"The man remained passively seated as he had since taking his seat and did not move. A steward announced over the tannoy that all passengers were requested by the captain to leave the plane. A loud noise of protest ensued throughout the plane and no one moved."

The statement said that a woman in row 13, and another in row 12, directly behind Gaul were ordered to move by the police and that they reluctantly did so, all the while verbally protesting his treatment.

"One of the policemen moved into row 13 and grabbed the seated man from behind with one arm and started punching him in the head with bare fists. Other policemen did the same from the side-front of the aisle."

The eyewitness could not see if the child had been physically affected during the assault on his father but all on board heard his screams.

Gaul, the statement said, was then "dragged into the aisle and huddled off towards the front of the plane, still with his arms over his face and head, as he continued to suffer punches from the policemen."

It said too that as he reached the front of the plane, Gaul "was pushed into the front seat on the A-B side of the aisle whereupon at least one of the police officers punched the man who had fallen into the seats."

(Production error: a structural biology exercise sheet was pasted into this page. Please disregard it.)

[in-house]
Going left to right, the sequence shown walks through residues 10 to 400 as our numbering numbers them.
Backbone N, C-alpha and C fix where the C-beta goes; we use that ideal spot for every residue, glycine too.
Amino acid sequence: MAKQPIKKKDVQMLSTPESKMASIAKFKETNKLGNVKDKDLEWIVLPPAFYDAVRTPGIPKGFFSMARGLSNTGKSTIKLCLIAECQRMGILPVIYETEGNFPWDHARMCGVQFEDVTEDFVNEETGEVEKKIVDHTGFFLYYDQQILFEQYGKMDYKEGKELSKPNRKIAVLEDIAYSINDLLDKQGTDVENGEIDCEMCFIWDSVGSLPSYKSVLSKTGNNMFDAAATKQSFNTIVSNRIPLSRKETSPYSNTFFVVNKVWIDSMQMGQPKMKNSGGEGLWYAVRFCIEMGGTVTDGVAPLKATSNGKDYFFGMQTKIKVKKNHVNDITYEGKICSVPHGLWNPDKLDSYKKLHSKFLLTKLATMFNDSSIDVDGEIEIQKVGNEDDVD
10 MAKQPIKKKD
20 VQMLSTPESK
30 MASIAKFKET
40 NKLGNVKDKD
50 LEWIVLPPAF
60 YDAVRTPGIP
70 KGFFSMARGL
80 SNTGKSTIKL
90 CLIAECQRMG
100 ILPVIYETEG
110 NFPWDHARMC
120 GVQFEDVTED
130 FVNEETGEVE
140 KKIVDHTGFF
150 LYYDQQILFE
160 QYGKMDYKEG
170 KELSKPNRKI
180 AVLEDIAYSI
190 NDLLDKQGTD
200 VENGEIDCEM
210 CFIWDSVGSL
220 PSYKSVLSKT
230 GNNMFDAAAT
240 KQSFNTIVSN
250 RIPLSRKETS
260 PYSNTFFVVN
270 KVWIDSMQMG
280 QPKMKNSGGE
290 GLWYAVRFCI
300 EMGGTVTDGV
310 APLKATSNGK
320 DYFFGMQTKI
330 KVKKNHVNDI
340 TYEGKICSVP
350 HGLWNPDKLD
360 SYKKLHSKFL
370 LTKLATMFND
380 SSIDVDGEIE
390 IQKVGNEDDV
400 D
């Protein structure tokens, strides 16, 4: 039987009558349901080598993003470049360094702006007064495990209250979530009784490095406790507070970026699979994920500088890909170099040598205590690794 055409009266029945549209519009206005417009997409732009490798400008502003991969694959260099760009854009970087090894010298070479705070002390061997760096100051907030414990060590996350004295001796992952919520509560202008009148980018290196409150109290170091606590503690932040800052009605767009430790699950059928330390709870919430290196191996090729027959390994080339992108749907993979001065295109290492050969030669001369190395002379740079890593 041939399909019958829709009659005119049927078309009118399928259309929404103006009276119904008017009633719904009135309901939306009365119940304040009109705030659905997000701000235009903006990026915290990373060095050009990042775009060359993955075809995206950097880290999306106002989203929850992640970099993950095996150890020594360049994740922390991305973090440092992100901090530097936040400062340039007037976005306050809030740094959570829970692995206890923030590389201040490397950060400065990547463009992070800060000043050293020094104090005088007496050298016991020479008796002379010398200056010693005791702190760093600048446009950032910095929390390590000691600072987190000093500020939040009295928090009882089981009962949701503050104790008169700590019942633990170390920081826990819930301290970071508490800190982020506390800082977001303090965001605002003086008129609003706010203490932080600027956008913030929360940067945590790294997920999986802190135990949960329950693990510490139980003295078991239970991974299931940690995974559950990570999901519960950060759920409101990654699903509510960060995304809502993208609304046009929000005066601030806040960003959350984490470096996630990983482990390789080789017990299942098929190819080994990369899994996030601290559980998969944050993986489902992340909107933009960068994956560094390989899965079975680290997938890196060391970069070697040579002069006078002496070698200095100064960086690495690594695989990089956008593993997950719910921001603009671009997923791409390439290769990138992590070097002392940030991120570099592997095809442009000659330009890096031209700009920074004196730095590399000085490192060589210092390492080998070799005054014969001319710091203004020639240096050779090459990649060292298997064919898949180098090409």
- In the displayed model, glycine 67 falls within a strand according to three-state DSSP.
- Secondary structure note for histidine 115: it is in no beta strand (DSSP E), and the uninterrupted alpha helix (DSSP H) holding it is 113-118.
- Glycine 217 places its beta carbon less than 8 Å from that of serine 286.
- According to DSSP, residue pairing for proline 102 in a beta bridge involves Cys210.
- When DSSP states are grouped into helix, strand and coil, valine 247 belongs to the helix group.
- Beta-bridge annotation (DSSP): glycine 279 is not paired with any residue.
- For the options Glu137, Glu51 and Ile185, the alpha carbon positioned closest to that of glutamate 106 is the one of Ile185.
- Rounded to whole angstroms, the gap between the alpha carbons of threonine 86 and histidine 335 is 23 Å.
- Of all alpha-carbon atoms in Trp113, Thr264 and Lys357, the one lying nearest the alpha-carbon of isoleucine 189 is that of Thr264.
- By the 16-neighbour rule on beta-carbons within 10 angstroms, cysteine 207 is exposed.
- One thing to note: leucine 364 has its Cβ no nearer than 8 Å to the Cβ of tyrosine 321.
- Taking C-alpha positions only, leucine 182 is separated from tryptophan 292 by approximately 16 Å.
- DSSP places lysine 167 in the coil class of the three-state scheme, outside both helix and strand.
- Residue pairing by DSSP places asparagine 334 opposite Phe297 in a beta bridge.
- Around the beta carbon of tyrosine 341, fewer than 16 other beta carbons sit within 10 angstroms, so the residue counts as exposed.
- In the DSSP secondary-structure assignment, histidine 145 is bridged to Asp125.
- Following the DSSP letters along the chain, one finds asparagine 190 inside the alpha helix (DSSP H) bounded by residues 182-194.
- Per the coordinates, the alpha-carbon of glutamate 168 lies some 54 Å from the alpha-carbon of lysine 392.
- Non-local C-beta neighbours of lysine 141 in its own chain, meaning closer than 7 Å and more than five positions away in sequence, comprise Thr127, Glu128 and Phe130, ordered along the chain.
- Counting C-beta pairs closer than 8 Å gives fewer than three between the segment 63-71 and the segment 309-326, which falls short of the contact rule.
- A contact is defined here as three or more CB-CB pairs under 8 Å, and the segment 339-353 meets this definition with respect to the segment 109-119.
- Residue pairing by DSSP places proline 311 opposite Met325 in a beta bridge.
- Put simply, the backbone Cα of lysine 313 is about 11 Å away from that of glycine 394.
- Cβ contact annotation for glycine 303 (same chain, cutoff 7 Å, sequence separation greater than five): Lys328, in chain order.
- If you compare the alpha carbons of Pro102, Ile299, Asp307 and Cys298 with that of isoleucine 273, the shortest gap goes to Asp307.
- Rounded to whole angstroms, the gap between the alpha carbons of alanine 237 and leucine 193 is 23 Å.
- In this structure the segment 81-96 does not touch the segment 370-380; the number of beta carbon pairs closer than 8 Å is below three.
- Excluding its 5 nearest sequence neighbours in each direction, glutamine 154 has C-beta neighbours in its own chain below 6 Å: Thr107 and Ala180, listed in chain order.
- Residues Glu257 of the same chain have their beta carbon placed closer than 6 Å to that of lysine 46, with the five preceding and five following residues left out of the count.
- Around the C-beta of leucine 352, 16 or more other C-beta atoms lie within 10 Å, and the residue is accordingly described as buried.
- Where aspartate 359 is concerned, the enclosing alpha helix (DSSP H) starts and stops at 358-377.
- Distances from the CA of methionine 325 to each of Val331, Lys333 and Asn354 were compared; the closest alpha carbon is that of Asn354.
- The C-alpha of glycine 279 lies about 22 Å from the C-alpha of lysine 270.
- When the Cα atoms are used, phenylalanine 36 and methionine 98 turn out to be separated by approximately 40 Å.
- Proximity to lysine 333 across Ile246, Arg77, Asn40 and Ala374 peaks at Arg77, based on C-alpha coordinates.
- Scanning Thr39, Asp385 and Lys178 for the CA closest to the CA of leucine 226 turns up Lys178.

The eyewitness said that after Gaul and the police officers left the plane a policeman returned to the plane to remove the women whom they had ordered to leave their seats in rows 13 and 14. They said that the captain wanted them removed as well and because they were wanted as witnesses.

"The woman in row 14 remained quiet and passive in her seat. The woman from row 13 stood up and faced the officer telling him that she knew her rights, and that there were about 200 witnesses on the plane apart from her and that she would be making a full report of the incident."

The statement said that the policeman was insistent but she sat down and asked him if she would be removed in the same manner as Gaul had been. The policeman then left the plane and the cabin crew began their preparations for take-off.

Stabroek News understands that on arrival at Cheddi Jagan International Airport, Timehri security personnel escorted the captain and crew of the aircraft through the airport.